Alabama won't seek another lethal injection date for an inmate whose Sept. 22 execution had been halted because of problems establishing an intravenous line, according to the terms of a settlement agreement approved by US District Judge R. Austin Huffaker Jr. on Tuesday. The state agreed to never use lethal injection again as an execution method to put Alan Eugene Miller to death. Any future effort to execute him will be done by nitrogen hypoxia, an execution method authorized in Alabama but one that has never been used to carry out a death sentence in the US. There is currently no protocol in place for using nitrogen hypoxia, reports the AP.
Miller, who had argued he was subjected to torture during the failed execution attempt, said that when prison staff tried to find a vein, they poked him with needles for over an hour and at one point left him hanging vertically as he lay strapped to a gurney. He was sentenced to death after being convicted of a 1999 workplace rampage in which he killed Terry Jarvis, Lee Holdbrooks, and Scott Yancy. The settlement agreement likely prevents another execution attempt in the near future since Alabama has not announced procedures for using nitrogen hypoxia, and there will be litigation over the humaneness of the method before a state tries to use it.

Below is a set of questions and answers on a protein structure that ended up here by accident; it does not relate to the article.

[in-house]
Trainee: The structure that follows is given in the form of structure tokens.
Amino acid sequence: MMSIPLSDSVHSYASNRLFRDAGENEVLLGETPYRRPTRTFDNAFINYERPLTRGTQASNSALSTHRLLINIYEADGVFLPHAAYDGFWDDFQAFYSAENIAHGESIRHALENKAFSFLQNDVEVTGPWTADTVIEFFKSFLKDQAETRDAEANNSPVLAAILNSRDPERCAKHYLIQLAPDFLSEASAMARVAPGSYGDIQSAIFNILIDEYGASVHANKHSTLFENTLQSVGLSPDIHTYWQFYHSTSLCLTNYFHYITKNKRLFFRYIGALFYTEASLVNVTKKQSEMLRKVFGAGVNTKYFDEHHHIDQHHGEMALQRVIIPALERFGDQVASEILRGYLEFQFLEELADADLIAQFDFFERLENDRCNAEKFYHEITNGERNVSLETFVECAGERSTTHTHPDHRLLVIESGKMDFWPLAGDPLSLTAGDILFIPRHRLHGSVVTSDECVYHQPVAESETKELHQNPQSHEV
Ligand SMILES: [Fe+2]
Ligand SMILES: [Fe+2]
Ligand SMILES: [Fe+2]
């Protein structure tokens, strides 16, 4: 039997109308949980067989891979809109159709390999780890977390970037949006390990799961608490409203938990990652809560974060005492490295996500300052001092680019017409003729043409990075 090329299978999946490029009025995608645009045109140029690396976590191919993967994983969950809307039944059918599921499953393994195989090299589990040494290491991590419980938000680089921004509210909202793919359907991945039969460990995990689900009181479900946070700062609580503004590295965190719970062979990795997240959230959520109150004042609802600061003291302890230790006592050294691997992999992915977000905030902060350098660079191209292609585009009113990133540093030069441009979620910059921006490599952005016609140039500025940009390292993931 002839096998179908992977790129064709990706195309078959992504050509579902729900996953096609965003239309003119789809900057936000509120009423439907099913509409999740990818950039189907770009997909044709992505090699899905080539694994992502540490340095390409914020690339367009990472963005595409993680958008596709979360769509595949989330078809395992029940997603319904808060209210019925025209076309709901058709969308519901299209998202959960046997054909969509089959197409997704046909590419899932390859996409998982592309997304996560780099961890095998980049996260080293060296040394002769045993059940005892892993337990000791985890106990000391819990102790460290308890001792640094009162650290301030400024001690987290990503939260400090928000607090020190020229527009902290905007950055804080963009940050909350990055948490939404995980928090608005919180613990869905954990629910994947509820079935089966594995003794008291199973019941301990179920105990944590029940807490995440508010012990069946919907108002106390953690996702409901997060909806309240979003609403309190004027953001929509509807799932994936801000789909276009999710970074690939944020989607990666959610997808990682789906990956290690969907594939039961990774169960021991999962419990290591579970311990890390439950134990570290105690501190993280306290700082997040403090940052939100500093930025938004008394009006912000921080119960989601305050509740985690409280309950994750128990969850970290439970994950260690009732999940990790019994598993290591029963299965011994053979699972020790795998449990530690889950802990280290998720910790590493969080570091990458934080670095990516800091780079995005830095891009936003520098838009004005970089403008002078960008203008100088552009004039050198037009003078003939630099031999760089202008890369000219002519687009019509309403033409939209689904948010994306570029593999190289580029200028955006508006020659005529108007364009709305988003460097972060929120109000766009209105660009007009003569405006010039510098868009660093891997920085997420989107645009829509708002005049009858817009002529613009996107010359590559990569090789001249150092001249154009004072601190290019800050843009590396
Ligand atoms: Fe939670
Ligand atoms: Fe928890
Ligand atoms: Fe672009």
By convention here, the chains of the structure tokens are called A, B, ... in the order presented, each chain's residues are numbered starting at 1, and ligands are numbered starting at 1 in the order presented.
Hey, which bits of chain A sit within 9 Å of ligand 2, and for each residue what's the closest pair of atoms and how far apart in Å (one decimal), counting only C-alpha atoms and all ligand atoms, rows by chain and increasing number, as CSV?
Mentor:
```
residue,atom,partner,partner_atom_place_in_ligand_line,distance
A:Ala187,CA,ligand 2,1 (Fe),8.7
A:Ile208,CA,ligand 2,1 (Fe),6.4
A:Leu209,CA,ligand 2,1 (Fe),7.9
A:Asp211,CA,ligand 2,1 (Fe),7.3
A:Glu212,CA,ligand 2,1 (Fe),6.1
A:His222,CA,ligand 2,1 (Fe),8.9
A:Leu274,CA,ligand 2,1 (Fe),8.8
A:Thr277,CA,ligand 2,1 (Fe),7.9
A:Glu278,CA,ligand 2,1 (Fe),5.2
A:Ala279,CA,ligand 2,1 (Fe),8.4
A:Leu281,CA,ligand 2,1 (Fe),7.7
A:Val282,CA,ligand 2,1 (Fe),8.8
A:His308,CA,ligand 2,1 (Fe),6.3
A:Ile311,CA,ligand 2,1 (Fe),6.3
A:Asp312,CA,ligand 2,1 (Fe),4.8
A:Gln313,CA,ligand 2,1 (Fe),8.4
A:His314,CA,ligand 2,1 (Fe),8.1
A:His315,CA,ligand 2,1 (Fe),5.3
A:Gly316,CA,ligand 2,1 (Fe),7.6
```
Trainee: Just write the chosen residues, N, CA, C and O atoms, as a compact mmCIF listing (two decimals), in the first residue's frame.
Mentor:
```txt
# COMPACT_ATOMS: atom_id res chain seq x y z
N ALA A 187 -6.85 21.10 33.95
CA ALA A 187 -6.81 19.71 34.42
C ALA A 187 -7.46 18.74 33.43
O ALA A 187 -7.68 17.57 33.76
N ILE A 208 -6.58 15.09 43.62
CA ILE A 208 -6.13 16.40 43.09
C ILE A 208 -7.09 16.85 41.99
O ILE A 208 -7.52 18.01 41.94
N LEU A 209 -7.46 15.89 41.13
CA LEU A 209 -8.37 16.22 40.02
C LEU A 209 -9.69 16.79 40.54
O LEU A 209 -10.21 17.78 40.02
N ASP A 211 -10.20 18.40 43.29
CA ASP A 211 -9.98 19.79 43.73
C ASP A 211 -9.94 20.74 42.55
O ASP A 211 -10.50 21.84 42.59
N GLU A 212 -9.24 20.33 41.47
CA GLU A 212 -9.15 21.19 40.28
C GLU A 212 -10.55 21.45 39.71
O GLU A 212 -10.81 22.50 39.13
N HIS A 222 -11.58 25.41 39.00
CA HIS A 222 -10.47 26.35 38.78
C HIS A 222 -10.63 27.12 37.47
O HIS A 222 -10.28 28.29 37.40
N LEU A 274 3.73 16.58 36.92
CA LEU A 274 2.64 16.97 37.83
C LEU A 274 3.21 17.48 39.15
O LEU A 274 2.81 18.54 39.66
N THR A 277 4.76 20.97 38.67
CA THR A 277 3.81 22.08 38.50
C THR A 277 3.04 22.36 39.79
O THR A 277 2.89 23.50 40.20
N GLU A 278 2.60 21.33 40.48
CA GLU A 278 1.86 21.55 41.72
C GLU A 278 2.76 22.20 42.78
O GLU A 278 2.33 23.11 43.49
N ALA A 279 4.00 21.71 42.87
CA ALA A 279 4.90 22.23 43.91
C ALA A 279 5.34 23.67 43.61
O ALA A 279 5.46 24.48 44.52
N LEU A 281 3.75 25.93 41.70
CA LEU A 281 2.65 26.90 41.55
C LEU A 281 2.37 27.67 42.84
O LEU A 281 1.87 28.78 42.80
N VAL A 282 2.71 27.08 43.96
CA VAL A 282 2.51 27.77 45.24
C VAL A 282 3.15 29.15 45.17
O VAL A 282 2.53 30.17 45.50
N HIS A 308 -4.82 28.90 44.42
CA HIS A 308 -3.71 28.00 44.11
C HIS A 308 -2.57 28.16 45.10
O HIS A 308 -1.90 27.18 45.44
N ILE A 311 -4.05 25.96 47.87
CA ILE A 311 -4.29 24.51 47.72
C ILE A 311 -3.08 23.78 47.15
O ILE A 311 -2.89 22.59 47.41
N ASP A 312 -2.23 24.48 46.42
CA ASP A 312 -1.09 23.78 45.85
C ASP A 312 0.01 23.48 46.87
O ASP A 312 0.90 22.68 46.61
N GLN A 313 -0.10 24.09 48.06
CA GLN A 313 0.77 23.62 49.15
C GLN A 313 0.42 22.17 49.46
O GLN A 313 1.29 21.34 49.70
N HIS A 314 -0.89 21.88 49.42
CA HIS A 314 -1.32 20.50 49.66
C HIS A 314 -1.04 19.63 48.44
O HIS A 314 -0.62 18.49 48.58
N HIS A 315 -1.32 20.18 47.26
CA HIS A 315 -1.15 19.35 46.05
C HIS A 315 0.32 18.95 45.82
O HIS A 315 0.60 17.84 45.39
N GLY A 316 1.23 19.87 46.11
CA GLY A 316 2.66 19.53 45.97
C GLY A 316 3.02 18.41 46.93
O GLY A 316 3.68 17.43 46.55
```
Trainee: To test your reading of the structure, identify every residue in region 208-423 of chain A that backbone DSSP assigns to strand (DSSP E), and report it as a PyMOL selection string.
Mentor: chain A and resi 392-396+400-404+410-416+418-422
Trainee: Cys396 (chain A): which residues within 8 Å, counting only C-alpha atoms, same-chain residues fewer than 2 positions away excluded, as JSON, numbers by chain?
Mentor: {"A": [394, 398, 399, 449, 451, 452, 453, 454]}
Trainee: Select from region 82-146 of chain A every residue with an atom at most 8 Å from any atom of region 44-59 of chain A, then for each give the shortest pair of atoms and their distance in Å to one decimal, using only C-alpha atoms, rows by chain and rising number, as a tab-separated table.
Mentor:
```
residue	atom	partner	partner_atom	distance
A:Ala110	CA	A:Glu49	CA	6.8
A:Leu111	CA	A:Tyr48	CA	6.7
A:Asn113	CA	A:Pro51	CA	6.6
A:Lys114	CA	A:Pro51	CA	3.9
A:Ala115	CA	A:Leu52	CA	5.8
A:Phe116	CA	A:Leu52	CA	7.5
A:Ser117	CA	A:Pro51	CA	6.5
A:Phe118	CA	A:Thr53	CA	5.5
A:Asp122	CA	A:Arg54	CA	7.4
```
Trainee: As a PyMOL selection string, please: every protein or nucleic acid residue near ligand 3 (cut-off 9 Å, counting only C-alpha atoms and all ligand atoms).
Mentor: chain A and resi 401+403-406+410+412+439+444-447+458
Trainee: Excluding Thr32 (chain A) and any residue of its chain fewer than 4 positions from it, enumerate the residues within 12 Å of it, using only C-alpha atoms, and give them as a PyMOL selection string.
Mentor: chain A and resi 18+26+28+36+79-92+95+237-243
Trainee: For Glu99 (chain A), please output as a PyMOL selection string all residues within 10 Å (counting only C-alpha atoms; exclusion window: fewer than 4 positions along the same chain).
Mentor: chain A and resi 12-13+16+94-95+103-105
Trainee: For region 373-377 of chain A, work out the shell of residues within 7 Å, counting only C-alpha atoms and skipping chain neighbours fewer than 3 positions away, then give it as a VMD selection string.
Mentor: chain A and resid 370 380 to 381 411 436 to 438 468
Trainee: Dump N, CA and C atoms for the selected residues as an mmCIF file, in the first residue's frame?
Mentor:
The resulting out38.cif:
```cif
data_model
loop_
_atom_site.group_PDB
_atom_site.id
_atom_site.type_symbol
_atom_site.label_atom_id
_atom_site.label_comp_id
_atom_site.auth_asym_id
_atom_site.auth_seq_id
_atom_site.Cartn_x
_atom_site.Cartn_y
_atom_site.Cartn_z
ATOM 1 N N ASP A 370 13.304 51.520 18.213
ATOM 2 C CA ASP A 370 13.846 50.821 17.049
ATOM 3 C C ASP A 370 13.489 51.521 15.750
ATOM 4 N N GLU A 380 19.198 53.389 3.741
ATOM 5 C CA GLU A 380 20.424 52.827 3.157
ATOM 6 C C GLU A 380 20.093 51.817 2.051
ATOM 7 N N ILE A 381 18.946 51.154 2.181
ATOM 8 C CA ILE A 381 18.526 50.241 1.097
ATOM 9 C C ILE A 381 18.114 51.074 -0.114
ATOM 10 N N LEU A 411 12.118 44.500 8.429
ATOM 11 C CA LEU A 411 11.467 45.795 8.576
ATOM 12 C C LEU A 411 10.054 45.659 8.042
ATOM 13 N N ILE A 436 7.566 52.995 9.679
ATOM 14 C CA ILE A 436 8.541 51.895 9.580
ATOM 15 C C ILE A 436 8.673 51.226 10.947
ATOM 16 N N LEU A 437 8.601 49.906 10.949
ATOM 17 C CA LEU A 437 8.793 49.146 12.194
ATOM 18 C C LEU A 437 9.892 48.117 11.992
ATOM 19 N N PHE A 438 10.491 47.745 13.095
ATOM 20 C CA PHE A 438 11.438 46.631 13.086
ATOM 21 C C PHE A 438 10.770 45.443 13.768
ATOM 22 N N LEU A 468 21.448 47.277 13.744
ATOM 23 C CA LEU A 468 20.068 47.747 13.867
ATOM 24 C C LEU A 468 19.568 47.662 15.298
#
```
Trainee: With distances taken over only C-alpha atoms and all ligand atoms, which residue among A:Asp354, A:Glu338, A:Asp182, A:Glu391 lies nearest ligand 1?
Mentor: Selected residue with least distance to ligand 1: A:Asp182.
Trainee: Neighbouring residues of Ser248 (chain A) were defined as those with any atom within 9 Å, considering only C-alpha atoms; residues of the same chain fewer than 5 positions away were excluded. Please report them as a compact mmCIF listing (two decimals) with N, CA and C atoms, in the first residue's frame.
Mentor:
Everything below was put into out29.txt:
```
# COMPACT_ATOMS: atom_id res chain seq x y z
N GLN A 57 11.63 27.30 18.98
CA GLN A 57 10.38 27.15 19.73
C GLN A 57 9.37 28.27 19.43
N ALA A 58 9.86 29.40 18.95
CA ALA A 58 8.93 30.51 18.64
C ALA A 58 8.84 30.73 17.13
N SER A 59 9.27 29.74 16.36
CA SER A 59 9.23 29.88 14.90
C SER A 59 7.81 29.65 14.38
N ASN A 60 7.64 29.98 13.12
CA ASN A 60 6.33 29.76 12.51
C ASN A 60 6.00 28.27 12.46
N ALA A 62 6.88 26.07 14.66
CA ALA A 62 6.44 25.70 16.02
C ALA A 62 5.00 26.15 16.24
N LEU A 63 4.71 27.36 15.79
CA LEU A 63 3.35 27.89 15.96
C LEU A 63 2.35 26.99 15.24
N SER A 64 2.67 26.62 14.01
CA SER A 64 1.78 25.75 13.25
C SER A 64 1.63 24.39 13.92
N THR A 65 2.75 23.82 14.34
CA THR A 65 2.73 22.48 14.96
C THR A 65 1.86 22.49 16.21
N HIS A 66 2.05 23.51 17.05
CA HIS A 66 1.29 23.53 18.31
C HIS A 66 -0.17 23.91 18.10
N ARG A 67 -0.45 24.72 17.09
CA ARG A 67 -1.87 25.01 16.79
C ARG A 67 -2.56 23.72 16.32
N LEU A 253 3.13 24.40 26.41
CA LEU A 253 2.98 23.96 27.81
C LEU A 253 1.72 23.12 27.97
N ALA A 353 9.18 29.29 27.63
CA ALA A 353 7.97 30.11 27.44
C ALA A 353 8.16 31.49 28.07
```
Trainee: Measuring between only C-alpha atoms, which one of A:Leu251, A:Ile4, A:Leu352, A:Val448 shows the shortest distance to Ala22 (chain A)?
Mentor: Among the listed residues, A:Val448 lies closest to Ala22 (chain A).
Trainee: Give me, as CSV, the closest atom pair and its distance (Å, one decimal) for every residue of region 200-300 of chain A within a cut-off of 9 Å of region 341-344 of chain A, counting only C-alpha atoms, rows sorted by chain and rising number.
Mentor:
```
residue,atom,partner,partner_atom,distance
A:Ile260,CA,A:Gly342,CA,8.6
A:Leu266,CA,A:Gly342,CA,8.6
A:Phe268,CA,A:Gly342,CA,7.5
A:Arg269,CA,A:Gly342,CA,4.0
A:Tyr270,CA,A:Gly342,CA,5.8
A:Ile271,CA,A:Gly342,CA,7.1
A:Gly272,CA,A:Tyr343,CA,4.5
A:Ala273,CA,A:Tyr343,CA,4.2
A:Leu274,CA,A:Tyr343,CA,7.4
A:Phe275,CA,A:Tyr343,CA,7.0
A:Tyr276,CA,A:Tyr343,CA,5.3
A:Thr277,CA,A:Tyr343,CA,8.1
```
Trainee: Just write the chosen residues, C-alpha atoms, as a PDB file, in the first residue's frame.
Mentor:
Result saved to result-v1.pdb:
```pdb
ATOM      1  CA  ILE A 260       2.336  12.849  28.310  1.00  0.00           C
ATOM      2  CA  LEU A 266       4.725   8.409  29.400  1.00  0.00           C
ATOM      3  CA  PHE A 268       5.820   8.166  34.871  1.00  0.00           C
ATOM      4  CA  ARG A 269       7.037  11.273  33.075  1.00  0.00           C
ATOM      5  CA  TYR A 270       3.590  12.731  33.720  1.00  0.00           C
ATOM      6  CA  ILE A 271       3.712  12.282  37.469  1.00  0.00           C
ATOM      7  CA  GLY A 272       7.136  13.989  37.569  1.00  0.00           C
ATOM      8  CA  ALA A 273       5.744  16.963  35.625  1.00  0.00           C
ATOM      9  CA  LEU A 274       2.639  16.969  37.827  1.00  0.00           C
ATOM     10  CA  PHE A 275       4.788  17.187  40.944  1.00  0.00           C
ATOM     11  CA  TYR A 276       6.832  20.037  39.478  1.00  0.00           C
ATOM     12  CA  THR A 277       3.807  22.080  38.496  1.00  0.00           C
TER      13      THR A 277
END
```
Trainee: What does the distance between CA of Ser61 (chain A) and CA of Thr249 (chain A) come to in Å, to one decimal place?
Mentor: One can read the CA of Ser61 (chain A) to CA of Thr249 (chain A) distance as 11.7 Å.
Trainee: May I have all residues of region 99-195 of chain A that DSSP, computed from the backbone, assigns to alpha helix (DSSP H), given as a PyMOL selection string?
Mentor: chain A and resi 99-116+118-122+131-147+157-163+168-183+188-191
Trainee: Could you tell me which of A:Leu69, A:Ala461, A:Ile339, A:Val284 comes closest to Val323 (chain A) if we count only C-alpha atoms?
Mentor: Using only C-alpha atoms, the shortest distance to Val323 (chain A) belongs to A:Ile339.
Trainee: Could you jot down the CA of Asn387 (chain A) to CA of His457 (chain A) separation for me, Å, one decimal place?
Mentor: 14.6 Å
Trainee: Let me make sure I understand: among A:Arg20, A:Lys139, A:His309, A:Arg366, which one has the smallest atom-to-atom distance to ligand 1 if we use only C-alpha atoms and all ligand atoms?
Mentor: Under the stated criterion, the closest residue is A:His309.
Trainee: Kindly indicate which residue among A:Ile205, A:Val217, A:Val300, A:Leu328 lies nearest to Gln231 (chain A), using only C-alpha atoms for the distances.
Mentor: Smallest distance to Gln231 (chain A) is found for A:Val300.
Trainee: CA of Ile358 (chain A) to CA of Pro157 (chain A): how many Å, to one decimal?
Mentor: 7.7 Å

Alabama has acknowledged problems with IV access during at least four executions since 2018. Three of those had to be halted: Earlier this month the execution of Kenneth Eugene Smith was halted after the execution team tried for an hour to connect an IV line. Smith’s attorneys are asking a federal judge to forbid the state from making a second attempt to execute him, saying Smith was already “subjected to ever-escalating levels of pain and torture” on the night of the failed execution. Alabama also called off the 2018 execution of Doyle Lee Hamm for the same reasons. He reached an agreement with the state that prevented further execution attempts, although he remained on death row. He later died of natural causes.
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